Abstract 18811: Improving the Practicality of Echocardiographic Screening for Rheumatic Heart Disease: Performance of Non-expert Users Following Completion of a Standardized Computer-based Training Curriculum
Background: Echocardiography (echo) is the most sensitive tool for rheumatic heart disease (RHD) detection. However, widespread screening programs are non-existent due to lack of financial and expert human resources in endemic areas. Task-shifting to non-experts to perform RHD screening is promising; however, investigations into workforce composition and replicable training schemes are needed.
Objective: Test non-experts’ ability to conduct RHD screening following a brief, standardized, computer-based training course.
Methods: Six non-experts with a variety of backgrounds (nurses, health technicians, medical students) and echo experience (6 wks-1 yr) completed a 3-module computer-based curriculum focusing on simplified criteria for RHD screening (mitral regurgitation (MR) ≥1.5cm and/or any aortic regurgitation). Following training, two teams of 3 non-experts were placed in school screening environments. Gold-standard diagnoses of RHD (2012, World Heart Federation criteria) were made by cardiologists using standard portable echo equipment. Children diagnosed with RHD and 25% of the general screening population was blindly evaluated by each non-expert using the simplified criteria with handheld echo.
Results: Screening was performed in 1,381 children, with 397 (47 borderline RHD, 6 definite RHD, 336 normal & 8 other) referred for handheld echo (209 Team 1 & 188 Team 2). Age ranged from 5-18 years (mean 13.6); 59% were female. Overall sensitivity of the simplified approach was 90.8% (95% CI 85.4-94.6%; range 75-100%), with an overall specificity of 82.4% (95% CI 79.9-84.7%; range 75-89%). The most common reasons for false-negative screens (n=16) were missed MR (44%) and MR ≤1.5cm (29%), and for false-positive screens (n=179) included identification of erroneous color jets (25%), incorrect MR measurement (24%), and appropriate application of simplified guidelines (MR between 1.5 and 2.0 cm, 39.4%).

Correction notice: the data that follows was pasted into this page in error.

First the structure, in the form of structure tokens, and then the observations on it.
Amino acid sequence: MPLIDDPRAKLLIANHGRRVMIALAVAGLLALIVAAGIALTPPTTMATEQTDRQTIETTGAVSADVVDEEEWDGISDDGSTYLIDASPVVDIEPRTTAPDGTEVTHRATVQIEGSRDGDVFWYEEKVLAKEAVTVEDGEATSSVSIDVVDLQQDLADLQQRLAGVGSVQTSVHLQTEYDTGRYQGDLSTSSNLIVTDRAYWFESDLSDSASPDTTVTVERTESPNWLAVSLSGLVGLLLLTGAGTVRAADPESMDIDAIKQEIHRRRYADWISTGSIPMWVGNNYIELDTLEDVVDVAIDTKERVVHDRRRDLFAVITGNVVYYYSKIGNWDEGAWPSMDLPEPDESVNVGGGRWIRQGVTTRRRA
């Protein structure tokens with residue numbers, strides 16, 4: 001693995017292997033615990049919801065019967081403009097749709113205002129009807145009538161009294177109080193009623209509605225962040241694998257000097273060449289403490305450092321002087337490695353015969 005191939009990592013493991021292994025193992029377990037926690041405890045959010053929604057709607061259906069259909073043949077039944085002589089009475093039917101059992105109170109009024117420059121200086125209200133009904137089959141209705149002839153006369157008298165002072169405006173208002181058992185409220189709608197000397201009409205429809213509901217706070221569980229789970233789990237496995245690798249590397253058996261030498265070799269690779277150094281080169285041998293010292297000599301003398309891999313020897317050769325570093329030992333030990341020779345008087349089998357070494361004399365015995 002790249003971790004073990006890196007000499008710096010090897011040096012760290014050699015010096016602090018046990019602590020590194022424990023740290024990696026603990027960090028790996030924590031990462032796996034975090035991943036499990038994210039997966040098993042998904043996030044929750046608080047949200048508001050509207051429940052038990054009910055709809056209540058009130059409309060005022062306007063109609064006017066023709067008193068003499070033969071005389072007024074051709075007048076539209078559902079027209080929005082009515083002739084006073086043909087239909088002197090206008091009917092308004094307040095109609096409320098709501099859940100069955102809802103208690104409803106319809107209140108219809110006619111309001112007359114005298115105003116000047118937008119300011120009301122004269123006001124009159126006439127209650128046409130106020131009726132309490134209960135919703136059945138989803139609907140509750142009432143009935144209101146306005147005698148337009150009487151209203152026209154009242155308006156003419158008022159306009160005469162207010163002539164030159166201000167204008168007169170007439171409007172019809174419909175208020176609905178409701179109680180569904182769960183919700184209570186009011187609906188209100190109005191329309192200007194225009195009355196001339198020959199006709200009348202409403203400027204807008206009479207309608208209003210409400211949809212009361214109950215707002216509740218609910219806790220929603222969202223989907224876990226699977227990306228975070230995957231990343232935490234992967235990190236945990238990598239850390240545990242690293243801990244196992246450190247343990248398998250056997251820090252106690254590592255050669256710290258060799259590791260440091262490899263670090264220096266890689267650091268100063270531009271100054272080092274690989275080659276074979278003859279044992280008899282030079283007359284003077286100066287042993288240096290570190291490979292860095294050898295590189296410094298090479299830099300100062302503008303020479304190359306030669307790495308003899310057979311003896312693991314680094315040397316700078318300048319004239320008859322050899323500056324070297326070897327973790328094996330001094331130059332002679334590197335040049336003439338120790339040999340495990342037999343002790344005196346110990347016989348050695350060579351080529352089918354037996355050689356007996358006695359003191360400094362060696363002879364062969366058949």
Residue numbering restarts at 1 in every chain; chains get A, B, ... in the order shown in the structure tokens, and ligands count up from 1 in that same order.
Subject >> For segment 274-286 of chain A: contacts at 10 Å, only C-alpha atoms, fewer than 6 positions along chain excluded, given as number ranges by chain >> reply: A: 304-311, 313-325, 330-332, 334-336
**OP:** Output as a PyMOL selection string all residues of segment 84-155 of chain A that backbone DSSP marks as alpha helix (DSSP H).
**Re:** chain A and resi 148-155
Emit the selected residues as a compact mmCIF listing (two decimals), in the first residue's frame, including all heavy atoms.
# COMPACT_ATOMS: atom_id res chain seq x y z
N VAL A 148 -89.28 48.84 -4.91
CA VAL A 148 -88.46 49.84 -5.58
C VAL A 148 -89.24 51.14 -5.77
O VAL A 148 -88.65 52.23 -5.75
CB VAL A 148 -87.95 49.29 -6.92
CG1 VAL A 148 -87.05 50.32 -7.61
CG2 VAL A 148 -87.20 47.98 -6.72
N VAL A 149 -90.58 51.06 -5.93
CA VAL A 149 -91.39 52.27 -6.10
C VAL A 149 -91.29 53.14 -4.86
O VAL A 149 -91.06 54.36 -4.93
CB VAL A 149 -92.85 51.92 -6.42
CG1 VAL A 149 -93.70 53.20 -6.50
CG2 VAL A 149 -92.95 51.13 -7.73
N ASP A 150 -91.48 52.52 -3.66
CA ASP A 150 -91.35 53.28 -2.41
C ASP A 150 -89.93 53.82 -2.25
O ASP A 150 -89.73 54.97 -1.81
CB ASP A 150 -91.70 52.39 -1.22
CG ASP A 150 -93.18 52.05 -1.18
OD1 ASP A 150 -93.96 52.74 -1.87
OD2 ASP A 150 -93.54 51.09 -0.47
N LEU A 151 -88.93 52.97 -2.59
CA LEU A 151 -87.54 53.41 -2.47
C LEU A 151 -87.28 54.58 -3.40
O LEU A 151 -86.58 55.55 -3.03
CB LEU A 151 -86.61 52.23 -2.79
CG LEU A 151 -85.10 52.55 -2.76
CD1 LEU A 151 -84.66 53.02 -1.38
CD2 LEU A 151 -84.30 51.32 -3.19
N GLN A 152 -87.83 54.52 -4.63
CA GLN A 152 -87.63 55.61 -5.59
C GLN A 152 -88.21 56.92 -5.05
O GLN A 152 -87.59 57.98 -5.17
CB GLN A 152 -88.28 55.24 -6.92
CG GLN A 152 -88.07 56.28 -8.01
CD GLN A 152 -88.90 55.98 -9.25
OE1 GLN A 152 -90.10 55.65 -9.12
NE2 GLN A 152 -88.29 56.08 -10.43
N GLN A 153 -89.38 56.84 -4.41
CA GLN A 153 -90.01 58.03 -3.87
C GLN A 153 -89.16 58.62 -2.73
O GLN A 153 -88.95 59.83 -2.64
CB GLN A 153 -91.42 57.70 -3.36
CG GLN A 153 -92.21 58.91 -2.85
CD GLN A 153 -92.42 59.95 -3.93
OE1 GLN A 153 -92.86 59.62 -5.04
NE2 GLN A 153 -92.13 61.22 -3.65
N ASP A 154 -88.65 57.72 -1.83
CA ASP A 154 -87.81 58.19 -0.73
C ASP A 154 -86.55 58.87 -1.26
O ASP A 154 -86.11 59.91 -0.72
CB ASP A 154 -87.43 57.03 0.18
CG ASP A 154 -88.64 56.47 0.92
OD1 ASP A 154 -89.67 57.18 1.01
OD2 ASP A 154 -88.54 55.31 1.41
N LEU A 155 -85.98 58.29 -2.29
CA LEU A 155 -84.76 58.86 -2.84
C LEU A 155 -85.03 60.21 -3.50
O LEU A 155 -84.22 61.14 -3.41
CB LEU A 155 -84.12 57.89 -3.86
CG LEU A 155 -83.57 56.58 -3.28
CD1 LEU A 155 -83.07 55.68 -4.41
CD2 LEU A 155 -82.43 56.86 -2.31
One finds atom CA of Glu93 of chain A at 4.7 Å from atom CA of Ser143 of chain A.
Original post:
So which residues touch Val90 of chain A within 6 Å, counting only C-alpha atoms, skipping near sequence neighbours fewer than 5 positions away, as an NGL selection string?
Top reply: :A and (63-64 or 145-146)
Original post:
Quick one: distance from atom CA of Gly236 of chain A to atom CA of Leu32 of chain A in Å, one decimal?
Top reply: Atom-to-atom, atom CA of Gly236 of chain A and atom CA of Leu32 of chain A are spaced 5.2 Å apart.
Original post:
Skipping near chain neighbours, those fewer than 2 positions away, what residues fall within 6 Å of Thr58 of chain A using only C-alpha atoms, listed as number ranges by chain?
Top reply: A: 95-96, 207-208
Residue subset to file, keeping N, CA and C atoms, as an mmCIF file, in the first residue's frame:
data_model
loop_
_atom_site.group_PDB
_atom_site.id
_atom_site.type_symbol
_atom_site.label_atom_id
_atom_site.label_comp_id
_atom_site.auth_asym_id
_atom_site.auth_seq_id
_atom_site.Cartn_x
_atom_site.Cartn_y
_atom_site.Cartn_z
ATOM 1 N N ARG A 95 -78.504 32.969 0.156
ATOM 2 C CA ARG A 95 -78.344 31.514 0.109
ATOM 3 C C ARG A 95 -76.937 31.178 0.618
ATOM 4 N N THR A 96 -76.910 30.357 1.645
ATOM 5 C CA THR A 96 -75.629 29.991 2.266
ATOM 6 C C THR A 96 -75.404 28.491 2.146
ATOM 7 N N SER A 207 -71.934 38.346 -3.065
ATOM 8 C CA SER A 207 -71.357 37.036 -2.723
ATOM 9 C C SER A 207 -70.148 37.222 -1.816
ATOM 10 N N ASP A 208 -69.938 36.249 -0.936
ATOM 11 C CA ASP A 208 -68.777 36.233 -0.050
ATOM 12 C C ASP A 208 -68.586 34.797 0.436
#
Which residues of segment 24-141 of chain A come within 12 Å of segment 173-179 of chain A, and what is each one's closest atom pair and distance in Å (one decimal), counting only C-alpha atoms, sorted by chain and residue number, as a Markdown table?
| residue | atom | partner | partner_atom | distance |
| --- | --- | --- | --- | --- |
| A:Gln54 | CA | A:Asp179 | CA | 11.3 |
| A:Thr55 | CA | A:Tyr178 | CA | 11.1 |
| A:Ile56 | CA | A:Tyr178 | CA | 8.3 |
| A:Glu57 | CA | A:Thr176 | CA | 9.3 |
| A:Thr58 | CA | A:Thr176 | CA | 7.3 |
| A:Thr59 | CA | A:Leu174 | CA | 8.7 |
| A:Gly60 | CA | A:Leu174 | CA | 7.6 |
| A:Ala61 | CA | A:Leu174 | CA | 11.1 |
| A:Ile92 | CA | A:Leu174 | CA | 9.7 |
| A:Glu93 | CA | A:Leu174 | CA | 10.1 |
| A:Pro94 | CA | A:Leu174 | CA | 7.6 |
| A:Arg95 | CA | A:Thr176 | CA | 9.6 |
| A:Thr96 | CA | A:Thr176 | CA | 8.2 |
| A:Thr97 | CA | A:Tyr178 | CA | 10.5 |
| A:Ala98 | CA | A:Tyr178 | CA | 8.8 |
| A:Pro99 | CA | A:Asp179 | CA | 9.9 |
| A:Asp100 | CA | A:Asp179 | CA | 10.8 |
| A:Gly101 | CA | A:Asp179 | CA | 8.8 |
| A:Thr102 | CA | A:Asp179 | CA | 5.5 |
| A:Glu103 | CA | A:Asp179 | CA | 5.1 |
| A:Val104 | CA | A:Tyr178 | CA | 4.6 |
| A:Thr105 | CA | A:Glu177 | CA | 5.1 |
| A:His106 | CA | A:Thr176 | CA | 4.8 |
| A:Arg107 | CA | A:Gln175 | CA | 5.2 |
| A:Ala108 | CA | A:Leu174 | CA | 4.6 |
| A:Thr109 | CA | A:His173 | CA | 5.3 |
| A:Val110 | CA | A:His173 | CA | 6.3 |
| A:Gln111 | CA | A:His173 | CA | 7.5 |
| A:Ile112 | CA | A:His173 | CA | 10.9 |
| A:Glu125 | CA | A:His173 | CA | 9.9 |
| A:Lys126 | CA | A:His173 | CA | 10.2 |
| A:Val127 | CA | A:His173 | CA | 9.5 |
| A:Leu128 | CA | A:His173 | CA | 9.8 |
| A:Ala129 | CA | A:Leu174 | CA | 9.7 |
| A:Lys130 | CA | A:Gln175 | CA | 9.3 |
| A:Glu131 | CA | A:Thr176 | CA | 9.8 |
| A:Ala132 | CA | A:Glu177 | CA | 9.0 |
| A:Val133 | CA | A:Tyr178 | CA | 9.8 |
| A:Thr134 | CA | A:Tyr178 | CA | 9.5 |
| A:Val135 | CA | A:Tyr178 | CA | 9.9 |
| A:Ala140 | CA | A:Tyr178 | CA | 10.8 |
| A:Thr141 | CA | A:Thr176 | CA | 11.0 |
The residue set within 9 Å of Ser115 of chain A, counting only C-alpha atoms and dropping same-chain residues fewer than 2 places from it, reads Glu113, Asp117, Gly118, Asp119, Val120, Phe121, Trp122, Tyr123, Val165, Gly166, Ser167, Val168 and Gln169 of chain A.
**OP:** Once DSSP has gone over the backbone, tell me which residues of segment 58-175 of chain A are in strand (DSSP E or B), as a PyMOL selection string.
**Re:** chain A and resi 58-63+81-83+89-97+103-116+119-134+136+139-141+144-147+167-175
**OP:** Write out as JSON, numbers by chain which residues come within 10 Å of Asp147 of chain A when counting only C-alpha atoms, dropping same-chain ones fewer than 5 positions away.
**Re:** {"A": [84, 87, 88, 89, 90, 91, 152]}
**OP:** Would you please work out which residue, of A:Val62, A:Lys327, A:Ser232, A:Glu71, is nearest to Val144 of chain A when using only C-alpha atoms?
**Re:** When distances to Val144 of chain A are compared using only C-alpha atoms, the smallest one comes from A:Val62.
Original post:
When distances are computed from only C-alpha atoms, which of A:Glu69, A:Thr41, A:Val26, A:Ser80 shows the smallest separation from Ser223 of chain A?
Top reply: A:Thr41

Conclusions: A short, computer-based curriculum can be successfully used to train a heterogeneous group of non-experts to preform large-scale RHD screening. This simplified approach addresses prohibitive financial and workforce barriers to widespread RHD screening and holds the potential to significantly reduce the global burden of RHD.
Author Disclosures: A. Beaton: None. B.R. Nascimento: None. A.C. Diamantino: None. G.T. Pereira: None. E.L. Lopes: None. C.O. Miri: None. K.K. Bruno: None. G. Chequer: None. C.G. Ferreira: None. L.C. Lafeta: None. H. Richards: None. L. Perlman: None. C. Webb: None. A.L. Ribeiro: None. C. Sable: None. M.P. Nunes: None.
- © 2015 by American Heart Association, Inc.